One of the most important parts of the agile process is the ability to continuously learn and adapt. While most find it easy to share positive feedback during retrospectives with their teammates, sharing negative experiences and criticism can often be a challenge.

Negative feedback has the greatest potential to help people change in areas that can have a lasting impact. Unfortunately, most people don’t understand how to deliver feedback effectively. This creates a fear of messing up or being disliked that ultimately hinders people from providing feedback.

Teams that have built trust are more successful in sharing and acting on negative experiences. Here are six tips for sharing negative experiences effectively and building trust along the way.

1. Keep it in the retrospective

To build trust within the team, everybody needs to be honest and transparent. No one should feel like they will somehow be punished for admitting there is a problem. That means what happens in the retrospective stays in the retrospective. Don’t allow the bad experiences to inadvertently affect the team’s ability to be open with each other.

2. Don’t play the blame game

If you make your feedback personal, others will get defensive. This diverts attention away from the actual problem and creates a “me versus you” dynamic, which defeats the purpose and creates an entirely new problem. Avoid just blaming others without coming up with a solution. Try asking questions and making problem-solving collaborative to ensure the entire team takes ownership for fixing the process.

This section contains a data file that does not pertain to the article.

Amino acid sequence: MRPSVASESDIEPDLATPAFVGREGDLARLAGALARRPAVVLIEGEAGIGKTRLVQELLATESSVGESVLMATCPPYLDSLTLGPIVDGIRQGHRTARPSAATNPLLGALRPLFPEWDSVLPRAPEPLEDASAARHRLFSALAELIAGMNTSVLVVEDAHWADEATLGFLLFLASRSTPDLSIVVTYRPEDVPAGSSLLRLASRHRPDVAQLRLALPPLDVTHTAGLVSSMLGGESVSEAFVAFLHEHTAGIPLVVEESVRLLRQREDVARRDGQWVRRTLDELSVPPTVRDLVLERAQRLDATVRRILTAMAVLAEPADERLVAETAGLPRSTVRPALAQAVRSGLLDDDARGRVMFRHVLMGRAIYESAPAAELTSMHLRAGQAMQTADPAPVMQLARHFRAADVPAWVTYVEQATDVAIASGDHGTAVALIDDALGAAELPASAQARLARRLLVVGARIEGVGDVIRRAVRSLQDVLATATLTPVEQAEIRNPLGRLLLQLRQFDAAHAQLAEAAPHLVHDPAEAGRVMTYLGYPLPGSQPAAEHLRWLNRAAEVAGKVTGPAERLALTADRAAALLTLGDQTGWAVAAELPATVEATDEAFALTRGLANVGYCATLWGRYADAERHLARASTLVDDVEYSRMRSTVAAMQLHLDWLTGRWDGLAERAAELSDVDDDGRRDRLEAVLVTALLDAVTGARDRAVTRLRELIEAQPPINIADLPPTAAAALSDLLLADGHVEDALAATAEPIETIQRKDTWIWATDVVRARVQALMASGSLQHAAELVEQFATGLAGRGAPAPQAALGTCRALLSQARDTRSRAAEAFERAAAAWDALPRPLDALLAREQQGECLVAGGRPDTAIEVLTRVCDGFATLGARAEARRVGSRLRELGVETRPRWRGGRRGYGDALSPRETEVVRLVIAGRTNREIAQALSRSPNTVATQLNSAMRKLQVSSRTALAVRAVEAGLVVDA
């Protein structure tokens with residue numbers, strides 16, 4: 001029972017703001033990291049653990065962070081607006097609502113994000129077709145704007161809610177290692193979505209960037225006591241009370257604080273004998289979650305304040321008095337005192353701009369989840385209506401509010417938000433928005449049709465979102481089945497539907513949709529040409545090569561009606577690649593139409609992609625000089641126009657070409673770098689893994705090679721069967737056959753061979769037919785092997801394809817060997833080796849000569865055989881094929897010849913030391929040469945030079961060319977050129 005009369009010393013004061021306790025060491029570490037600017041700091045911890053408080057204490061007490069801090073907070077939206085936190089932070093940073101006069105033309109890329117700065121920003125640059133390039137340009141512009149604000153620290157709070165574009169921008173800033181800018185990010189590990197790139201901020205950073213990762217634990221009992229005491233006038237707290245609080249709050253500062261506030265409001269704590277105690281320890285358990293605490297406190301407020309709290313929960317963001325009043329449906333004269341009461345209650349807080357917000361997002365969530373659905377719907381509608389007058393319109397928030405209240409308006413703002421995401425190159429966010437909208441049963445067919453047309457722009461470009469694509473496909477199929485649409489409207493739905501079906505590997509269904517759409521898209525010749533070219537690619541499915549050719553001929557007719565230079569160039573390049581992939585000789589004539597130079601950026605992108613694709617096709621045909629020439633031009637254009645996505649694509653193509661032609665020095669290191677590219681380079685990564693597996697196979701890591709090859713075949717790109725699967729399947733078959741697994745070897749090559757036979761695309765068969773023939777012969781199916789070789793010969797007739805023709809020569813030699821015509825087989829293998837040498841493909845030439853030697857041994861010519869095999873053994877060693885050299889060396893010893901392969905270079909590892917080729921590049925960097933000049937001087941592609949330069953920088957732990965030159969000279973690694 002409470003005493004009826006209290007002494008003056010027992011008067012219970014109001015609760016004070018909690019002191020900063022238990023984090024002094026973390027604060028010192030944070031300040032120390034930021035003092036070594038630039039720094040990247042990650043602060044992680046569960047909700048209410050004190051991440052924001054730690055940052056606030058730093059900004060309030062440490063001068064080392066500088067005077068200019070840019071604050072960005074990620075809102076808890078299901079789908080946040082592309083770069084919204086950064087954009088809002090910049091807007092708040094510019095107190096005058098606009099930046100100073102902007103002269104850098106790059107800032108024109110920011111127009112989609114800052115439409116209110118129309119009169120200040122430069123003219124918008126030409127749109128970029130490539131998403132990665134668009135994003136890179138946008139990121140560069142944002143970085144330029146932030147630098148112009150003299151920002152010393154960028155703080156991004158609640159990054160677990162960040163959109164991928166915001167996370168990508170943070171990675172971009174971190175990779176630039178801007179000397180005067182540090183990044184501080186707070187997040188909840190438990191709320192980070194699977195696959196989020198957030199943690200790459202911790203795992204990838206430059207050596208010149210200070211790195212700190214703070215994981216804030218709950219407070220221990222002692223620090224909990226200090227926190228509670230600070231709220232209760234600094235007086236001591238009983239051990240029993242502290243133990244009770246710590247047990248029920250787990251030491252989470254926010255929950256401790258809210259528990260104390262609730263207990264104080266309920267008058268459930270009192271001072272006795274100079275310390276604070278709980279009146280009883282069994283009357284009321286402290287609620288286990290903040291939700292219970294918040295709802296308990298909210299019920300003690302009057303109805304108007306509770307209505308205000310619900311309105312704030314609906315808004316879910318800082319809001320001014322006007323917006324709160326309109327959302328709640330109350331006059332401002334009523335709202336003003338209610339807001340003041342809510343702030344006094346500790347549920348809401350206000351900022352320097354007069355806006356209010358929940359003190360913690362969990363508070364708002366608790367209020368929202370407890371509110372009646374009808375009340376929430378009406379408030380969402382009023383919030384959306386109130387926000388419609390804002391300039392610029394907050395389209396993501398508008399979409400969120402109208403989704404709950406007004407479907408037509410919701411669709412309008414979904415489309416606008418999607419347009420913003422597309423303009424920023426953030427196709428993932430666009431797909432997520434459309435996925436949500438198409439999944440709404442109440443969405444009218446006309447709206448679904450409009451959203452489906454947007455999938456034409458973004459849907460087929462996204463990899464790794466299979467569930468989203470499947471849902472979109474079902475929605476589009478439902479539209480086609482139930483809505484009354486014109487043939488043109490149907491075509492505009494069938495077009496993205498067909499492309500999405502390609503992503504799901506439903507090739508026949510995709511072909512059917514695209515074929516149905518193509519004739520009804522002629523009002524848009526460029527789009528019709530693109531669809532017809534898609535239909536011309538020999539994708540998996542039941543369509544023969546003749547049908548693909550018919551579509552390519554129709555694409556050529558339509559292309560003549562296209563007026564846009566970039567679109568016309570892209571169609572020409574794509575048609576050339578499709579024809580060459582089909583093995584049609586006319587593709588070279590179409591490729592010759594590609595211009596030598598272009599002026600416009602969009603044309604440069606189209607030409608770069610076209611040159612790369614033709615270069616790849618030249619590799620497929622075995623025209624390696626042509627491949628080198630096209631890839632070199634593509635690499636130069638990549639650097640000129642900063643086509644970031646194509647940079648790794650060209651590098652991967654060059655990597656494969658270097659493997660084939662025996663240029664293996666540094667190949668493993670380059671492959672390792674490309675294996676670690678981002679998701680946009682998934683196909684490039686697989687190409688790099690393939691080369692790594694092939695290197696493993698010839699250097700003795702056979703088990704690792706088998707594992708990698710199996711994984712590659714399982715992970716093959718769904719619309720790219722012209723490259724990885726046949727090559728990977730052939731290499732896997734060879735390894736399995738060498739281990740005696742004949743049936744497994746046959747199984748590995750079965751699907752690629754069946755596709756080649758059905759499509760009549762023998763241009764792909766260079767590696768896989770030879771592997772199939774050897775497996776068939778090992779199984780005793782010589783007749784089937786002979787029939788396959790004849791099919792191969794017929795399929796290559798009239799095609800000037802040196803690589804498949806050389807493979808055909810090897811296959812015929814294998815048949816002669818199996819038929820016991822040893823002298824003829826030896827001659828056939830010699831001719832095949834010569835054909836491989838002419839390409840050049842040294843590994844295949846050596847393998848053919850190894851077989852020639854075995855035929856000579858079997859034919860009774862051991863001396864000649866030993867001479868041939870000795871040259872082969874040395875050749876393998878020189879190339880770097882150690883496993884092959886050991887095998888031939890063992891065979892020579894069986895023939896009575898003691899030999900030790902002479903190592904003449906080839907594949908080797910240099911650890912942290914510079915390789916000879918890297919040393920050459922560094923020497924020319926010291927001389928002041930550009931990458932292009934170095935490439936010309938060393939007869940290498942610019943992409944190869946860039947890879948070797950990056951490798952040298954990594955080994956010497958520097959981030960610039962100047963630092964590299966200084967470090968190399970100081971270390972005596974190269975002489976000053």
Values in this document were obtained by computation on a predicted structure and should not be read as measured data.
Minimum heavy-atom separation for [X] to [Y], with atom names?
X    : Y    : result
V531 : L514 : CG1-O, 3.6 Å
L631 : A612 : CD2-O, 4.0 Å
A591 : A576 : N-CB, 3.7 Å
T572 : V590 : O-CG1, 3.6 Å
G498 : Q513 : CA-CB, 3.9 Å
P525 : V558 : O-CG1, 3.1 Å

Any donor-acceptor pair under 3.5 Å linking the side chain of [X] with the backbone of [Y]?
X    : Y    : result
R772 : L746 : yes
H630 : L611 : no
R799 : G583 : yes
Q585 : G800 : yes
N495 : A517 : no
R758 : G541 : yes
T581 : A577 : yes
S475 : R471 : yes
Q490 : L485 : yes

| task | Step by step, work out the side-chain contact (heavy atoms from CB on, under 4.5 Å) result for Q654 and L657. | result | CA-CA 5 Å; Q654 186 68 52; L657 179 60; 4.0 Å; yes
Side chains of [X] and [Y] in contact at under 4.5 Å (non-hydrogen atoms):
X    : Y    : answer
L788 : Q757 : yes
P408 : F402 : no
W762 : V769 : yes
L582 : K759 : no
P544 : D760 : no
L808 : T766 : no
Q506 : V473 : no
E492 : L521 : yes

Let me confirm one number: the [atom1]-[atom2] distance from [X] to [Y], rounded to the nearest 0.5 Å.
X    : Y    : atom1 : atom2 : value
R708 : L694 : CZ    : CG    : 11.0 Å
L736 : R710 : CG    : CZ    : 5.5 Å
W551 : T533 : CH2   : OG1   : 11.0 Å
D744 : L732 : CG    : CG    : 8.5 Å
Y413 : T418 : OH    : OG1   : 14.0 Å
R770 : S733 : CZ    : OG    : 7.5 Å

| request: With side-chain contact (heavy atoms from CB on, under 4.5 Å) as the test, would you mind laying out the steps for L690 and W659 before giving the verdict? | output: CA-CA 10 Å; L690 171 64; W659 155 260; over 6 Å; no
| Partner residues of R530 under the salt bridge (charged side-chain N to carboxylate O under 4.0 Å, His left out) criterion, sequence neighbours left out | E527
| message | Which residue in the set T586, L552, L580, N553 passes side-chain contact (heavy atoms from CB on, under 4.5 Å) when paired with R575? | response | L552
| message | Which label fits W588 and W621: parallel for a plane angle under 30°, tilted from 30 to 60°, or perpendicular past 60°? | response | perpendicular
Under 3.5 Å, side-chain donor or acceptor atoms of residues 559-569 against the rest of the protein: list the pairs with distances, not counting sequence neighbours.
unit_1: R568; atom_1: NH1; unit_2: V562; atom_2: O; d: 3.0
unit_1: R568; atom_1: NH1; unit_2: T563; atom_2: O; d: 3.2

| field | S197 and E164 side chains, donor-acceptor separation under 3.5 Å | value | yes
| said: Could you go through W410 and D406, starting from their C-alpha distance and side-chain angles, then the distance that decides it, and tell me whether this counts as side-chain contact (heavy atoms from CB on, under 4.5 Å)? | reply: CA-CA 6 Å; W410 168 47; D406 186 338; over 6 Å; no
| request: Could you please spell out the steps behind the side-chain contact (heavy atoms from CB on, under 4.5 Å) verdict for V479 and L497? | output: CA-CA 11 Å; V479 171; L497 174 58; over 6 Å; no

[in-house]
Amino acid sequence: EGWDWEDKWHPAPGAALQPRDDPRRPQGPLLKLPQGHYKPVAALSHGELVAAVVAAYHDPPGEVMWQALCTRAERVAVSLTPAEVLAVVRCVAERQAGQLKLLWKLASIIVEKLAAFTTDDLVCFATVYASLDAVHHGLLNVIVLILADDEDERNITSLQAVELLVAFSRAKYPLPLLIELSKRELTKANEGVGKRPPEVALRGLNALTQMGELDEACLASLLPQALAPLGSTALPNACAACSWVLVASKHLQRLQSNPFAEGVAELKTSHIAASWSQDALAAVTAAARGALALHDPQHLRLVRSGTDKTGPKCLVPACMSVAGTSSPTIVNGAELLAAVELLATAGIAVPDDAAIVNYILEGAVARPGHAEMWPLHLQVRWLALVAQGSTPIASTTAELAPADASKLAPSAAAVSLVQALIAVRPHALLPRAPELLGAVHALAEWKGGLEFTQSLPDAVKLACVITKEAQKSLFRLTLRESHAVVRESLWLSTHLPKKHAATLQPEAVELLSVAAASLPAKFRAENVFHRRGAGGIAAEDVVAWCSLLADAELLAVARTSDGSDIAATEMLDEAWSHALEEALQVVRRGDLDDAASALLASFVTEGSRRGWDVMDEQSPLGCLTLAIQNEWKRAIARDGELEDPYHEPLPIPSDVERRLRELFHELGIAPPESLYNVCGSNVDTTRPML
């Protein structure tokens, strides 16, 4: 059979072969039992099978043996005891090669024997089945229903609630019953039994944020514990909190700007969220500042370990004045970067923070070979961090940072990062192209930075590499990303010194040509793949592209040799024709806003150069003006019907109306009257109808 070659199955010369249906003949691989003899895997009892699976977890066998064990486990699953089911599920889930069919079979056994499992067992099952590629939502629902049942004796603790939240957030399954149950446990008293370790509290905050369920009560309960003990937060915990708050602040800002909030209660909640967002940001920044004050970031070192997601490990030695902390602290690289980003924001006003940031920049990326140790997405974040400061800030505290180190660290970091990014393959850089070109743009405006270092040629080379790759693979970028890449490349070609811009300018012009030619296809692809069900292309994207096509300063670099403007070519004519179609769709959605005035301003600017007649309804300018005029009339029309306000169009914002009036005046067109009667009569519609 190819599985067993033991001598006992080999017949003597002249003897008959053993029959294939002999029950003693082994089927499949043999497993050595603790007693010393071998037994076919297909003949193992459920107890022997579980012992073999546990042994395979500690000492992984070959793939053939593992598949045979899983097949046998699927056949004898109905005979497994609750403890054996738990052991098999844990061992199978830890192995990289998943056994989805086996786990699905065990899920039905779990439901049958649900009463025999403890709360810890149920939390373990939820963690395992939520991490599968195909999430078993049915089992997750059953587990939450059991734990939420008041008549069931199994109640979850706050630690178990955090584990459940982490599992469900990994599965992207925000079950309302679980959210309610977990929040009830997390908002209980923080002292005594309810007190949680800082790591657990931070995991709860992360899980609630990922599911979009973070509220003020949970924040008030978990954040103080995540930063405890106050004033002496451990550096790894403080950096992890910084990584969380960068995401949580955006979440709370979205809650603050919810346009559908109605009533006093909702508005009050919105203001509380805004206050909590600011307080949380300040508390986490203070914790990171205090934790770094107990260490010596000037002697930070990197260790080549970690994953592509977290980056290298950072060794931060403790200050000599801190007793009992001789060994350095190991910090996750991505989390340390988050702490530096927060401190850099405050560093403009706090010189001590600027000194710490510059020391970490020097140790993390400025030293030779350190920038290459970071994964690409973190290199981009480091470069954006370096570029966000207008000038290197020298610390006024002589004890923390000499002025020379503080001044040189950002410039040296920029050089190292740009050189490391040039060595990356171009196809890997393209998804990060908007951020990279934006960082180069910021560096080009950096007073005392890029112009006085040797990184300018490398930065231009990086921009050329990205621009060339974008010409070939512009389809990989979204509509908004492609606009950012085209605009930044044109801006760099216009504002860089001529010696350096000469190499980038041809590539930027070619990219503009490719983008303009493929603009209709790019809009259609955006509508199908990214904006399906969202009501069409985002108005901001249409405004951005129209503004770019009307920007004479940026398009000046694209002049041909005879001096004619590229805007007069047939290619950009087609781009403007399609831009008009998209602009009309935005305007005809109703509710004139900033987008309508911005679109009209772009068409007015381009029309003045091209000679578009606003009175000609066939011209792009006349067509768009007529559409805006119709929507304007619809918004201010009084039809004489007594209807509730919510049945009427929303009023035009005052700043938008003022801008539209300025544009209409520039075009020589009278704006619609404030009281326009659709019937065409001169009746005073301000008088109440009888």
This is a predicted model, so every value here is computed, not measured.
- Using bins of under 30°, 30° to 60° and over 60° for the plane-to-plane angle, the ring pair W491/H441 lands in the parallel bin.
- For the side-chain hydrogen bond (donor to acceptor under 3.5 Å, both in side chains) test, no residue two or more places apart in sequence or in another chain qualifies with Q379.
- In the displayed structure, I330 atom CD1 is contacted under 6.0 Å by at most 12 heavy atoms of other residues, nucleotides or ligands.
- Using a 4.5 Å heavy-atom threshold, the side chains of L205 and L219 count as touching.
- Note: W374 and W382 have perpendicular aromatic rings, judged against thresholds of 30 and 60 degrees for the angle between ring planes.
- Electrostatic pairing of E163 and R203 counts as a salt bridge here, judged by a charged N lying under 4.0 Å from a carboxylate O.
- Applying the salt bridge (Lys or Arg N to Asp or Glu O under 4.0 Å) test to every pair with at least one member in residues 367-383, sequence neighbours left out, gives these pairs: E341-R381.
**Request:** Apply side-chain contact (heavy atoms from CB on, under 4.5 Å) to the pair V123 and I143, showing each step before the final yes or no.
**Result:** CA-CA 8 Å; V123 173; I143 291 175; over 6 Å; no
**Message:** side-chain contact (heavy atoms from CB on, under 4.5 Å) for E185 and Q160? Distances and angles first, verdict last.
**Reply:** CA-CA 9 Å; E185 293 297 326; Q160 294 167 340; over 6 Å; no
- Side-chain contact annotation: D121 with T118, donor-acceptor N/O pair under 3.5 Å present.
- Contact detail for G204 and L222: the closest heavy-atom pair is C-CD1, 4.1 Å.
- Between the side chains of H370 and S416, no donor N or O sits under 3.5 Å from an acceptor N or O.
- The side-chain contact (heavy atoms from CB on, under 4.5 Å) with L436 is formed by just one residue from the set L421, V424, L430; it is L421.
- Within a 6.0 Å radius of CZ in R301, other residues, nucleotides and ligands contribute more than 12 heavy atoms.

3. Get your emotions under control

You don’t want to critique someone’s actions when you are angry or upset. If tempers are hot, take time to cool down. Constructive feedback should be delivered as close to the observed incident as possible, but if the situation is heated, it’s fine to schedule a meeting for the next day.

4. Be specific

Telling someone they “screwed up” might be true, but it doesn’t indicate what they did wrong. Effective feedback describes particular behaviors or situations and identifies the business implications. For example: “John, when you are late and miss the standup, it requires the team to either wait for you or deal with rework as a result of your not being informed. We miss deadlines, it inconveniences your colleagues, and it may adversely affect how people view your value to the team. Do you understand?”

5. Ditch the “criticism sandwich”

According to a study from the University of Chicago, when a person surrounds criticism with compliments, about half the individuals who received negative feedback concluded they were doing great; they didn’t realize the criticism. Avoid burying negative feedback. If you’ve built a good relationship with the person, it won’t be necessary to provide a compliment to soften the blow.

6. Establish a time to follow up

Providing feedback does no good if the team has no intention of doing anything with it. Deciding how to resolve the issue and setting a clear date and time to process improvement actions is an important part of the feedback process. It establishes accountability and improves the probability of performance improvement.

This is a repost of my article on Techwell Insights.

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